MCAO releases results of 2nd investigation into bogus gang charges
PHOENIX – The Maricopa County Attorney’s Office on Thursday evening released the findings of an independent investigation into bogus gang charges pursued against people arrested at a Black Lives Matter protest last year.
MCAO issued its report several hours after the city of Phoenix released the findings of a separate independent review into the police department’s role in the cases.
Prosecutors brought gang-related charges against 15 people arrested at a downtown Phoenix protest last October. MCAO withdrew all charges in June after a judge dismissed the cases and said police and prosecutors had engaged in “egregious misconduct.”
MCAO, the agency responsible for prosecuting criminal cases in metro Phoenix, hired retired Judge Roland Steinle to investigate the matter.
County Attorney Allister Adel said in a statement that Steinle focused on documents – “thousands of emails, case information, policies and procedures, correspondence” – and interviewed three employees.
Steinle determined that prosecutors acted “in bad faith.”
“In this case, what happened at the protest march of Oct. 17, 2020. was reduced to a ‘narrative’ crafted upon police reports. This narrative has been found by the judge in the criminal case to contain material misrepresentations of evidence and where in the prosecutor assisted in misdirecting the grand jury,” he wrote.
“Further, the judge found that state failed to provide relevant exculpatory evidence or correct misleading information and the state acted in bad faith in presenting evidence.”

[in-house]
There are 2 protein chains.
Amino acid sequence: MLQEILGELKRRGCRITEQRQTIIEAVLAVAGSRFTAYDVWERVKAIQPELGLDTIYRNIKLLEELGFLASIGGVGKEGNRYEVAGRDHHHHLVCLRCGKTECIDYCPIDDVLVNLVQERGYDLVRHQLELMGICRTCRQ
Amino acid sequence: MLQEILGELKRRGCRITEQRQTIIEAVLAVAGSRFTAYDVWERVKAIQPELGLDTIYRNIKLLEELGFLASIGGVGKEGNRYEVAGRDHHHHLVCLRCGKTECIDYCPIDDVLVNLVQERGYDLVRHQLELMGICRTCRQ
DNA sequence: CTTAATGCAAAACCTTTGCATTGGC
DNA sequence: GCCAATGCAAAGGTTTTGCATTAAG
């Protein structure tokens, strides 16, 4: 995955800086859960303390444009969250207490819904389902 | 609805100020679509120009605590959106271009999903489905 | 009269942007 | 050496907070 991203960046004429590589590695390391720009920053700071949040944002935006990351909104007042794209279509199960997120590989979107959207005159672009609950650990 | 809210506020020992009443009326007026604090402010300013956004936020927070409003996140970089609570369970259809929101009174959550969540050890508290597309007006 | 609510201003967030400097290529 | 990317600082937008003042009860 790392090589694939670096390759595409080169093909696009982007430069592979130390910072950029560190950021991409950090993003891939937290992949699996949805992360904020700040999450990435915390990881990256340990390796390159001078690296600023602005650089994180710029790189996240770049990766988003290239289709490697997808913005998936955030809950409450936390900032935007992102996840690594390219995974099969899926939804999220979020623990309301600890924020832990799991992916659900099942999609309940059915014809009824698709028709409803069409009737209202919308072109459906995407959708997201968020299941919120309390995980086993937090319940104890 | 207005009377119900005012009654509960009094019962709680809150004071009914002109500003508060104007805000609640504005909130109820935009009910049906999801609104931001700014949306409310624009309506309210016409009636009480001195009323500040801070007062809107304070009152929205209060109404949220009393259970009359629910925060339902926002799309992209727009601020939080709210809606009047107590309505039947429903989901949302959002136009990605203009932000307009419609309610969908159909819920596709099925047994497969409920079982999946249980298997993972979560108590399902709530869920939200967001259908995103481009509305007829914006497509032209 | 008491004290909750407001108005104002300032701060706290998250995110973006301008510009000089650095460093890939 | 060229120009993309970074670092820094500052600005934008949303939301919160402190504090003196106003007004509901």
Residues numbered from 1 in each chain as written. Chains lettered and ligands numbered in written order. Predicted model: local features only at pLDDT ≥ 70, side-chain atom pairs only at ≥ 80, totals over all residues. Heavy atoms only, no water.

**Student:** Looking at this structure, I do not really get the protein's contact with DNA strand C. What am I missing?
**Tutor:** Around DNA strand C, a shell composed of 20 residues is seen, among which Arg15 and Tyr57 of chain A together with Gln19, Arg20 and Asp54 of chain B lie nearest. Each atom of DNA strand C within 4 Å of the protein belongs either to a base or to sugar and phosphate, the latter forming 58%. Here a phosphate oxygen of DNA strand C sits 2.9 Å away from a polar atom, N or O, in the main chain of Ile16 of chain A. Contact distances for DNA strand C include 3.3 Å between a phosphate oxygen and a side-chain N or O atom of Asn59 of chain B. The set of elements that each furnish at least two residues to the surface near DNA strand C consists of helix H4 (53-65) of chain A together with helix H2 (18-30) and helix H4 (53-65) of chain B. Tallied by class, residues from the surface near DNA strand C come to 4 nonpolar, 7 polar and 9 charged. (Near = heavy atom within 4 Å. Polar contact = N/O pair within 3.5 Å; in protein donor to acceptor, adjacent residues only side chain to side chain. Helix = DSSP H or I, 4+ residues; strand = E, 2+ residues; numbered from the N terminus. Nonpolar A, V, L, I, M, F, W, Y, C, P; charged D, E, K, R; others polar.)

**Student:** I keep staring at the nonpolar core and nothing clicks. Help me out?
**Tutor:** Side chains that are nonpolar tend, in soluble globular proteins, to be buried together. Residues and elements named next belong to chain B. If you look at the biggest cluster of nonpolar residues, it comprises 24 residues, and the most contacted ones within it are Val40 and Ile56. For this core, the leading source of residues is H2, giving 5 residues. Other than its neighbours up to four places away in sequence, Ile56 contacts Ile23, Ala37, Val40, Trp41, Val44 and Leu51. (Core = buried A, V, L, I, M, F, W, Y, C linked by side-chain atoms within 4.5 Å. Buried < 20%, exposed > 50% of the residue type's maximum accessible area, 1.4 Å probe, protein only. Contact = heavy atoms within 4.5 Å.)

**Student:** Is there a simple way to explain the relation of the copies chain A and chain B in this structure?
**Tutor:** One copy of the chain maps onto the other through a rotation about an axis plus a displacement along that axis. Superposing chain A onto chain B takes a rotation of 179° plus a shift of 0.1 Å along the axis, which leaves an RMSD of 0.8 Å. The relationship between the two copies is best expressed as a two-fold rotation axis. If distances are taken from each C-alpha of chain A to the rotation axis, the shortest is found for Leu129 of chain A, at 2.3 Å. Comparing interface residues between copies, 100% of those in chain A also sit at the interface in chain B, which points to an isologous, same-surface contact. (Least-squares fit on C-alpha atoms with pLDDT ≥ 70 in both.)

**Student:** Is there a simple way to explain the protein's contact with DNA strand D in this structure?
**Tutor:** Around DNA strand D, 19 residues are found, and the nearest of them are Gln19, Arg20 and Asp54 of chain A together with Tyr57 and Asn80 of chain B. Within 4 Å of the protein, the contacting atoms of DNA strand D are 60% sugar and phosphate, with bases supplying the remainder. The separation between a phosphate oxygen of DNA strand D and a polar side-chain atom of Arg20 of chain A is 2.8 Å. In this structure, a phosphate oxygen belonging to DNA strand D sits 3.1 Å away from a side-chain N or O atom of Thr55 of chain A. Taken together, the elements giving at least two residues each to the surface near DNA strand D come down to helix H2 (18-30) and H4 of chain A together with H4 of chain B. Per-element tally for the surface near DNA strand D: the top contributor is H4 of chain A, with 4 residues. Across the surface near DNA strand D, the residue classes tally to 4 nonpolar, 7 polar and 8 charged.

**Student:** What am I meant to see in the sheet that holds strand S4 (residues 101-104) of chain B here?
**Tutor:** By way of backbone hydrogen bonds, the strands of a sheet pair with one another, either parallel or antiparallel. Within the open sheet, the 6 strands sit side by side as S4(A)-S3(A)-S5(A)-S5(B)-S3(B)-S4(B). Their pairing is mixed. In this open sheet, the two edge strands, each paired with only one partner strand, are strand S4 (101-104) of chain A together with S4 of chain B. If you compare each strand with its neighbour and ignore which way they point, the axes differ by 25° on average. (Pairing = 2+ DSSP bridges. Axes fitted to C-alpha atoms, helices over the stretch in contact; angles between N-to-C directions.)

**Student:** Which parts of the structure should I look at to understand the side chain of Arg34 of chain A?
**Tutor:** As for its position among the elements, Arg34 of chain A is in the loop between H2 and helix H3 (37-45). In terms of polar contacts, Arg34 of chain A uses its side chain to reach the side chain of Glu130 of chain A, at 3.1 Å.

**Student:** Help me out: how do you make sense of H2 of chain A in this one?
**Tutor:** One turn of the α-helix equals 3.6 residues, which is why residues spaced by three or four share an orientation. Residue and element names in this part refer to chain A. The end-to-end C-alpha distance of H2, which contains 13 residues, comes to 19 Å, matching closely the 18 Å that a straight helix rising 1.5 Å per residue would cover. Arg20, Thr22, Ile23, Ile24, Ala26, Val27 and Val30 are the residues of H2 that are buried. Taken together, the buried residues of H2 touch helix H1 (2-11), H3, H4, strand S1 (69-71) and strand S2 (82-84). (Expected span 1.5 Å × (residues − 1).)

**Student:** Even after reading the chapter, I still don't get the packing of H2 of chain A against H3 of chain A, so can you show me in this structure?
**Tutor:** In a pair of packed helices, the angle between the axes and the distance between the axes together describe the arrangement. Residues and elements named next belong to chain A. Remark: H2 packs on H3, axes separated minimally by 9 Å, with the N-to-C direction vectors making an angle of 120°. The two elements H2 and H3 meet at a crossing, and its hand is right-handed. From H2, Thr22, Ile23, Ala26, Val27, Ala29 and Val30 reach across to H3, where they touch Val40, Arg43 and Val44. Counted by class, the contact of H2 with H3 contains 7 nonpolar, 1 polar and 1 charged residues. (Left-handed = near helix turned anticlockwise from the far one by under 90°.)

He also provided numerous recommendations for improving MCAO procedures, some of which Adel said have already been implemented.
“In these cases, we made mistakes,” Adel said. “As an agency charged with doing justice, we must be willing to admit this. And, moreover, we must be willing to correct them.
“Much of our work in this office is holding people accountable for their actions when they do not meet society’s expectations. We must be willing to hold ourselves accountable as well.”
Phoenix City Manager Ed Zuercher suspended Chief Jeri Williams over the police department’s role in the gang charges based on findings from an investigation conducted by law firm Ballard Spahr LLP.
Other high-ranking police officials were also disciplined, and Zuercher asked the Arizona Attorney General’s Office to conduct a criminal investigation into the trumped-up gang charges.
Both the MCAO and Phoenix police reports were released one week from the day the U.S. Department of Justice said it was launching a probe into the Phoenix Police Department over potential civil rights violations and abuses of power.
The DOJ’s Civil Rights Division said it will review the department’s use-of-force practices and also look for patterns of retaliation over activity protected under the First Amendment.